American Tourister continued to grow. By the 1970s, the company was one of the most popular manufacturers of mid-priced luggage in the United States. A general industry upswing in the 1970s helped the firm rise to a new peak in sales. Luggage owners replaced cases at a more rapid rate and leisure travel in general was on the rise. These trends and the company's entrance into the growing market for business cases helped the company achieve record sales. In 1978 Koffler, who had remained involved in the operation of the business, sold his company to Hillenbrand Industries. A furniture manufacturer based in Indiana, Hillenbrand was attempting to expand and diversify by purchasing healthy market leaders.
American Tourister's first year as a Hillenbrand subsidiary marked a peak for the company. Sales in 1978 reached a record $83.8 million and operating profits amounted to a substantial $16.2 million. These figures may have simply reflected the market in general, however; Industry Week reported that the luggage industry was "enjoying a banner year." When the economy turned sour in 1980, American Tourister sales declined 7 percent and operating profits more than followed suit, dropping 60 percent in that year alone. The company tried to rally for its 50th anniversary in 1983, investing in prime time television commercials and print ads in such mainstream magazines as Reader's Digest, Better Homes and Gardens, and People. But the company was unable to regain the steady growth it had experienced throughout its history.
Sold to Astrum International in the Early 1990s
Luggage sales did not revive, and in 1992 Hillenbrand announced a $5 million operating loss for its durables segment, which comprised a security-lock manufacturer and American Tourister. The next year Hillenbrand sold American Tourister to Astrum International Corp., a sales and manufacturing holding company, for a reported $68 million. Astrum, formerly known as E-II Holdings Inc., had recently emerged from bankruptcy reorganization, which led to some speculation about the future of American Tourister.
Another factor influencing American Tourister's direction was Astrum's ownership of Samsonite Corp., a major competitor of American Tourister. Although at the time of the purchase Astrum said it would run American Tourister as a unit separate from Samsonite, it clearly planned some connection between the two. In 1994, Astrum named as president of American Tourister the former Samsonite vice-president of sales and marketing, Frank Steed. In a press release announcing this appointment, Astrum said, "With Steed at the helm ... the two companies can establish product plans, marketing and advertising programs that will enhance both the American Tourister and Samsonite brand names. The combination of Samsonite's vast global resources and American Tourister's quality products will insure success as American Tourister enters the international marketplace, while enhancing the value of its name here in the United States."
In an attempt to distinguish American Tourister from Samsonite, Astrum initiated a major advertising campaign in early 1994. Capitalizing on the well-known gorilla ads from a decade before, the campaign featured a gorilla, a family of chimpanzees, and an orangutan. The ads targeted family vacationers, a market clearly different from the business-oriented one pursued by Samsonite. The print ads ran in issues of Parenting, Family Circle, and Ladies Home Journal and used the tagline, "American Tourister: Making travel less primitive."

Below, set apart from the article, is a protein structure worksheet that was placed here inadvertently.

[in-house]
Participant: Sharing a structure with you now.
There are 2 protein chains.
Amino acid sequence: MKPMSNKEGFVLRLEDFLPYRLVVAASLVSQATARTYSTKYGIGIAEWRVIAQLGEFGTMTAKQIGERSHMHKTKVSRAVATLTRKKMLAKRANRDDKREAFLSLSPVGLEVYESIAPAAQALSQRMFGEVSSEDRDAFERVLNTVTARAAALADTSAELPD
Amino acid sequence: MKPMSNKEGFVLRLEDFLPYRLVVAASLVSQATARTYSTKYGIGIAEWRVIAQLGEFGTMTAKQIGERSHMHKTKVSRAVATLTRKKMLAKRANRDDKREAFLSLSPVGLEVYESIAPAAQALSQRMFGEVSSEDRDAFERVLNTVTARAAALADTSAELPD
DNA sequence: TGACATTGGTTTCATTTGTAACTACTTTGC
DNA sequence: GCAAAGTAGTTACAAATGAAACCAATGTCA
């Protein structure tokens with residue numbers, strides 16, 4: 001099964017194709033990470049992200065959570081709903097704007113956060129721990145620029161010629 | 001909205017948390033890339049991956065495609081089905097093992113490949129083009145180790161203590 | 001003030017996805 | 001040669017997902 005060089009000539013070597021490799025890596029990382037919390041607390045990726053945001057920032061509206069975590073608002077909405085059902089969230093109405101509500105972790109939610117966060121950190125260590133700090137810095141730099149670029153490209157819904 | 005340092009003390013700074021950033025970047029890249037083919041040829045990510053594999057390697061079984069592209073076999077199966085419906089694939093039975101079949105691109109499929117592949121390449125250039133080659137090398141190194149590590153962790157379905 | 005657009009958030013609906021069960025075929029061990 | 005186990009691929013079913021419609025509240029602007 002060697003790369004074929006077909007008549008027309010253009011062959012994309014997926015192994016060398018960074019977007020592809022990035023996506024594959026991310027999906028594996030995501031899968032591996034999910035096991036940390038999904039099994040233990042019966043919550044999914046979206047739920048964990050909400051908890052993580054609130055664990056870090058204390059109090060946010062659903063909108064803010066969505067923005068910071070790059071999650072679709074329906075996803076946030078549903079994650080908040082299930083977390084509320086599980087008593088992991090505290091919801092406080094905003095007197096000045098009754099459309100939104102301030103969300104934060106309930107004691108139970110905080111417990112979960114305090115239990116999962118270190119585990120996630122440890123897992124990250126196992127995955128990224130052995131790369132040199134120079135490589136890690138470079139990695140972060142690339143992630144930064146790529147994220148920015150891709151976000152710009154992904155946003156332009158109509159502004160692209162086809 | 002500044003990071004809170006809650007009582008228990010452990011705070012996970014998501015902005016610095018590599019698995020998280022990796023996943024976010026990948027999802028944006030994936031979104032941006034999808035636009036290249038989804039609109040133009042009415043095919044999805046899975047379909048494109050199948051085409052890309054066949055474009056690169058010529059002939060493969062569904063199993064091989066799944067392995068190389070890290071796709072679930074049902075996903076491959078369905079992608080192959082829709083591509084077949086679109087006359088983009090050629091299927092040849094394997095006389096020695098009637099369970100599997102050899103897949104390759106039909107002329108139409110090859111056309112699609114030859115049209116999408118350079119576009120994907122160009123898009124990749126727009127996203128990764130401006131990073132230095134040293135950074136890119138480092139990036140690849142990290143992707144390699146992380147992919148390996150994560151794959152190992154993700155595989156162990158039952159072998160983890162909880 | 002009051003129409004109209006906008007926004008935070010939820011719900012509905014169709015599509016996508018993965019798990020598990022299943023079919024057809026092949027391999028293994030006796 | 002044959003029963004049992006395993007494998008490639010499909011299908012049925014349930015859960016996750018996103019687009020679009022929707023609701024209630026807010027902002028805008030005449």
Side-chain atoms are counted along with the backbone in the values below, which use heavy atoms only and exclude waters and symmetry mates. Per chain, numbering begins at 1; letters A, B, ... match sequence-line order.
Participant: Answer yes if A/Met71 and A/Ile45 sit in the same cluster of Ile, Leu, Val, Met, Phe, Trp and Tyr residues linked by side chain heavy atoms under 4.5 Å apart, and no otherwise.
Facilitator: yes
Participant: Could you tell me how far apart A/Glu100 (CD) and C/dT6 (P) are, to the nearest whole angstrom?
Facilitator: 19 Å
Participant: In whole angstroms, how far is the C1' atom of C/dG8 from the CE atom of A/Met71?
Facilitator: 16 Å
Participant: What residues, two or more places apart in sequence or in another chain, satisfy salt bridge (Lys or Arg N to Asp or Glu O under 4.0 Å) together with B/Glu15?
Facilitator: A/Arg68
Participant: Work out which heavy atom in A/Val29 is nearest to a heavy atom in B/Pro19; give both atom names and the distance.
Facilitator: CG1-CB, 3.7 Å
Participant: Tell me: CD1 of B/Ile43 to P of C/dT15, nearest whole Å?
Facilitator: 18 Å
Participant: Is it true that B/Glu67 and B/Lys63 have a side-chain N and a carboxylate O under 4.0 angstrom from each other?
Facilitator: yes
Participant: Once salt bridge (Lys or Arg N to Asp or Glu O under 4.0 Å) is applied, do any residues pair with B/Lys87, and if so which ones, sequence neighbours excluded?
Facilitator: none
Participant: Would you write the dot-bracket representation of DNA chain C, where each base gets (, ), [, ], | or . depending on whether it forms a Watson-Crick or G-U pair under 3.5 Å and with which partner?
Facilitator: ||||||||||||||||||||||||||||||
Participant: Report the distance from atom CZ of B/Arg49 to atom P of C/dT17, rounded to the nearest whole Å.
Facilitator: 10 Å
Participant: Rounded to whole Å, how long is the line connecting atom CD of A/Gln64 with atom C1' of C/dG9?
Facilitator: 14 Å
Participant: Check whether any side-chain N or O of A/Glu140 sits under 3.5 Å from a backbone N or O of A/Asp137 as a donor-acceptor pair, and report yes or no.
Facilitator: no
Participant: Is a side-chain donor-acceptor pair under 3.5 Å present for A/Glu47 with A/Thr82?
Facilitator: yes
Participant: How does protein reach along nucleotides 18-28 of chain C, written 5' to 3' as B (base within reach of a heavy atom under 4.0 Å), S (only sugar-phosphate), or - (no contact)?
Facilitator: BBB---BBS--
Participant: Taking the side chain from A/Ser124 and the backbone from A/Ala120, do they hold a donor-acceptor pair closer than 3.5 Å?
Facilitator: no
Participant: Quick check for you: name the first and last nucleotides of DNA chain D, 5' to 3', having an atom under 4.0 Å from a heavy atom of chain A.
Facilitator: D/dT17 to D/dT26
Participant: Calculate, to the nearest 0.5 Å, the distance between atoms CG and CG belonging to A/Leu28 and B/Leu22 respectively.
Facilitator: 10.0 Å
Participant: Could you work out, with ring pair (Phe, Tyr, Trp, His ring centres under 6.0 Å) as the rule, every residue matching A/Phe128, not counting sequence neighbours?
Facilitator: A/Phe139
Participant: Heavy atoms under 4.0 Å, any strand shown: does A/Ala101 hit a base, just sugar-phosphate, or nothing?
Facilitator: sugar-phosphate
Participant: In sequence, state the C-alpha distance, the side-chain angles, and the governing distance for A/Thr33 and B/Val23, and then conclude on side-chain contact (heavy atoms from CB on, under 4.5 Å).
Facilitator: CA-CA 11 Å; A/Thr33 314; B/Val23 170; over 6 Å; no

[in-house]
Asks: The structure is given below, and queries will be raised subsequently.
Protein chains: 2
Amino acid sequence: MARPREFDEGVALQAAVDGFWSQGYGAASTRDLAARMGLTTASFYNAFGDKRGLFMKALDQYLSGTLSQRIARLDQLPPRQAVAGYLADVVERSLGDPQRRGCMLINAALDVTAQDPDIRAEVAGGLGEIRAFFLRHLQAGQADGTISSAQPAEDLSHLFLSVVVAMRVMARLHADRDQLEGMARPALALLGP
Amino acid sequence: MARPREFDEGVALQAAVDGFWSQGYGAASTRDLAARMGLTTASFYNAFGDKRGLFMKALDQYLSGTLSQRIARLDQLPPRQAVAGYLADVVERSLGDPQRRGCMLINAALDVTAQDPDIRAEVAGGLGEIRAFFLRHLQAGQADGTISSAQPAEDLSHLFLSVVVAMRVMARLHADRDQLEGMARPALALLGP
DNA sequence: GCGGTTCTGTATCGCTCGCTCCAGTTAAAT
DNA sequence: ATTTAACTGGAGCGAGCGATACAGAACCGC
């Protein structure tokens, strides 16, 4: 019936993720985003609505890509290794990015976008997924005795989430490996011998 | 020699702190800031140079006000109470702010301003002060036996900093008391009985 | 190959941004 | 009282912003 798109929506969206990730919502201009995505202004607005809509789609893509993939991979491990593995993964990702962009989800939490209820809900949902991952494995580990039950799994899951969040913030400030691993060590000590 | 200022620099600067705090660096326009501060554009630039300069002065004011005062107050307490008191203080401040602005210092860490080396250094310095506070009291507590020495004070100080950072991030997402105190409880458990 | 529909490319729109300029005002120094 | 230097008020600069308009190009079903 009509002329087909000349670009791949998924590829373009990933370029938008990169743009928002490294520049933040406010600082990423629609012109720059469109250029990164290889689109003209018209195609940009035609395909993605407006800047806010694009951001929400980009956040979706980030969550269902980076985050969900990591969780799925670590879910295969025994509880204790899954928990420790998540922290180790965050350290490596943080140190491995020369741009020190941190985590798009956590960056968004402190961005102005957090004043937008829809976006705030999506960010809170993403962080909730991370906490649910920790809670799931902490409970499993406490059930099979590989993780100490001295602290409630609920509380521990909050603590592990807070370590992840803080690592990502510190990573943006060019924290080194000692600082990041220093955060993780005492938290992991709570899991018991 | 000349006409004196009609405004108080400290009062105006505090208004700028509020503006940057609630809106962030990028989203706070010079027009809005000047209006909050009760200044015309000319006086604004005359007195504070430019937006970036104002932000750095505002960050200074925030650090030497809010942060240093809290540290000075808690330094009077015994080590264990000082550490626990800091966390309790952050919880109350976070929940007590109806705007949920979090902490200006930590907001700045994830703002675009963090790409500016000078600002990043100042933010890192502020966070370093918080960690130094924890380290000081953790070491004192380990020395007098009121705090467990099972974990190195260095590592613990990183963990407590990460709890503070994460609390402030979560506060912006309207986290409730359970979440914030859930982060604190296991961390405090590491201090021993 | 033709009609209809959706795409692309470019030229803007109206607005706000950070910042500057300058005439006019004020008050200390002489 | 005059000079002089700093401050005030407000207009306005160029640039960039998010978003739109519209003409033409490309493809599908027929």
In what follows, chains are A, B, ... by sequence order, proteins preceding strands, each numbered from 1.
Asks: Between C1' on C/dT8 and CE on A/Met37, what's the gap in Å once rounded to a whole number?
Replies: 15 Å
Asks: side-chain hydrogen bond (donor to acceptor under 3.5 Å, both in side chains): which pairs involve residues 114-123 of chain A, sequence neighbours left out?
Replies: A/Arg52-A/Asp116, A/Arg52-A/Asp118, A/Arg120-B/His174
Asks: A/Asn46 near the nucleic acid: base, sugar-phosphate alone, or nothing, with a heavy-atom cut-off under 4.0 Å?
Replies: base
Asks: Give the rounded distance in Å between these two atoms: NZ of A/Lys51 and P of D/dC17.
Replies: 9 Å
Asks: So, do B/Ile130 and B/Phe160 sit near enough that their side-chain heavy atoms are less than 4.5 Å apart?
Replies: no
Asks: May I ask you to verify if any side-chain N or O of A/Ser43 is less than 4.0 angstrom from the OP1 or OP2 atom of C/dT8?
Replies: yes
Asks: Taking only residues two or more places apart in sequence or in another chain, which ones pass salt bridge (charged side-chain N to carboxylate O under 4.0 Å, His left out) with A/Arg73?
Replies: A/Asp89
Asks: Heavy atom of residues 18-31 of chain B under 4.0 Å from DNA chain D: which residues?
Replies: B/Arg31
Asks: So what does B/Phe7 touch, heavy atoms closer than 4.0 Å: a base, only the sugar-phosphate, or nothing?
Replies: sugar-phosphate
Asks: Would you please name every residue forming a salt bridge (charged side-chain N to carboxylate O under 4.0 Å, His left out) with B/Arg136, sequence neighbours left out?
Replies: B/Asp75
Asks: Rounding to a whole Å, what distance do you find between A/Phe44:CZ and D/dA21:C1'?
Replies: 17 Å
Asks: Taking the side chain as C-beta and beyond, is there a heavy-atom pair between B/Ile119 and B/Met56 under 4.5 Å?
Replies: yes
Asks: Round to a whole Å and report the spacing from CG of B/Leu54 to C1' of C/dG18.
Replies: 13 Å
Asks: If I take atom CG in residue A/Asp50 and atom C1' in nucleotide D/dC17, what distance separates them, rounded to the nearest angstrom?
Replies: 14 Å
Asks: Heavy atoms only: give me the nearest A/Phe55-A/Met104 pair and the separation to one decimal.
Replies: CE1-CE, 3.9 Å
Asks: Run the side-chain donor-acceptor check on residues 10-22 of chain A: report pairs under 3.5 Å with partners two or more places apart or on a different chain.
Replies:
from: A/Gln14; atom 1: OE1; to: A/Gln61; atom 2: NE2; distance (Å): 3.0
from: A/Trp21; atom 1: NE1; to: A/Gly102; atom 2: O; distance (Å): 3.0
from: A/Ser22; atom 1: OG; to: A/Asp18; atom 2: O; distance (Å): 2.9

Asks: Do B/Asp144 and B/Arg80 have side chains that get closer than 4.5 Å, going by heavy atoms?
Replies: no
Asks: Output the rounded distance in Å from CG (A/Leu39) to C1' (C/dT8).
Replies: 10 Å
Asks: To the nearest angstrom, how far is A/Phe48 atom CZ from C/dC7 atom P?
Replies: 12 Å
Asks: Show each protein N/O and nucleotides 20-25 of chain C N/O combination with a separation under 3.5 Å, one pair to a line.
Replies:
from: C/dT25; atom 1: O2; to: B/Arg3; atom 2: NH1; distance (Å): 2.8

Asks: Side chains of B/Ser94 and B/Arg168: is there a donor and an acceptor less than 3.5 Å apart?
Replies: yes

Spun Off as Subsidiary of Samsonite
In 1995 Astrum split into two public companies, Samsonite Corp. and Culligan Water Technologies Inc., with Samsonite taking Astrum's other luggage brands, Lark and American Tourister, with it. The split was designed to take advantage of the name recognition of Astrum's two largest brands. "Astrum. What's an Astrum?" the company's chief executive officer, Steven Green, said to The Denver Post in April 1995 when trying to explain the market confusion over Astrum's business focus. Green stayed on as chairman at Samsonite.
Although Samsonite was the world's largest luggage manufacturer and distributor in the early 1990s, Green saw much room for growth for it and its subsidiaries, especially overseas. In particular, he cited India and China as ripe for expansion. He also began moving the brands into new products, such as computer and camera cases, car-top carriers, and motorcycle saddlebags. These products required distribution channels that were unfamiliar to Samsonite and American Tourister, however, who relied mainly on luggage stores and luggage departments of mass merchandisers and department stores to sell their goods. Therefore, the focus was likely to remain on the businesses' traditional luggage market.
In February of 1996 Samsonite announced that it would be closing American Tourister facilities in Warren, Rhode Island and Jacksonville, Florida, resulting in the loss of 137 jobs. Hard-luggage production and important central office functions would be consolidated at Samsonite's Denver headquarters. American Tourister hard-sided luggage production from Florida would move to Denver, where the plant had extra manufacturing capacity. American Tourister's soft-sided luggage warehousing and distribution would remain in Jacksonville, however, because many of those products were made in the Dominican Republic. American Tourister's Rhode Island facilities would be split as well, with its finance, accounting, and information systems moving to Denver and its sales, marketing, and product design departments remaining in Warren. Although Samsonite planned to take a $2.4 million charge to cover the moves and integration, it hoped the consolidation would save the company about $3.3 million per year.
As American Tourister entered the late 1990s, its fate remained closely tied with its parent company. Samsonite was still hindered by its obligations to pay Astrum's reorganization debts. The three-year process of charging to earnings about $55 million per year in amortization of goodwill-type expenses was due to be completed in 1996. In addition, Samsonite's operating income fell $5 million in the nine months that ended October 31, 1995, compared with its operating income in the same period of 1994. Citing increased foreign competition and rising raw material costs as the culprits, Samsonite faced uncertain times ahead. Concerns for the company and its subsidiaries, however, were tempered by its brand recognition, its market dominance, and its long history.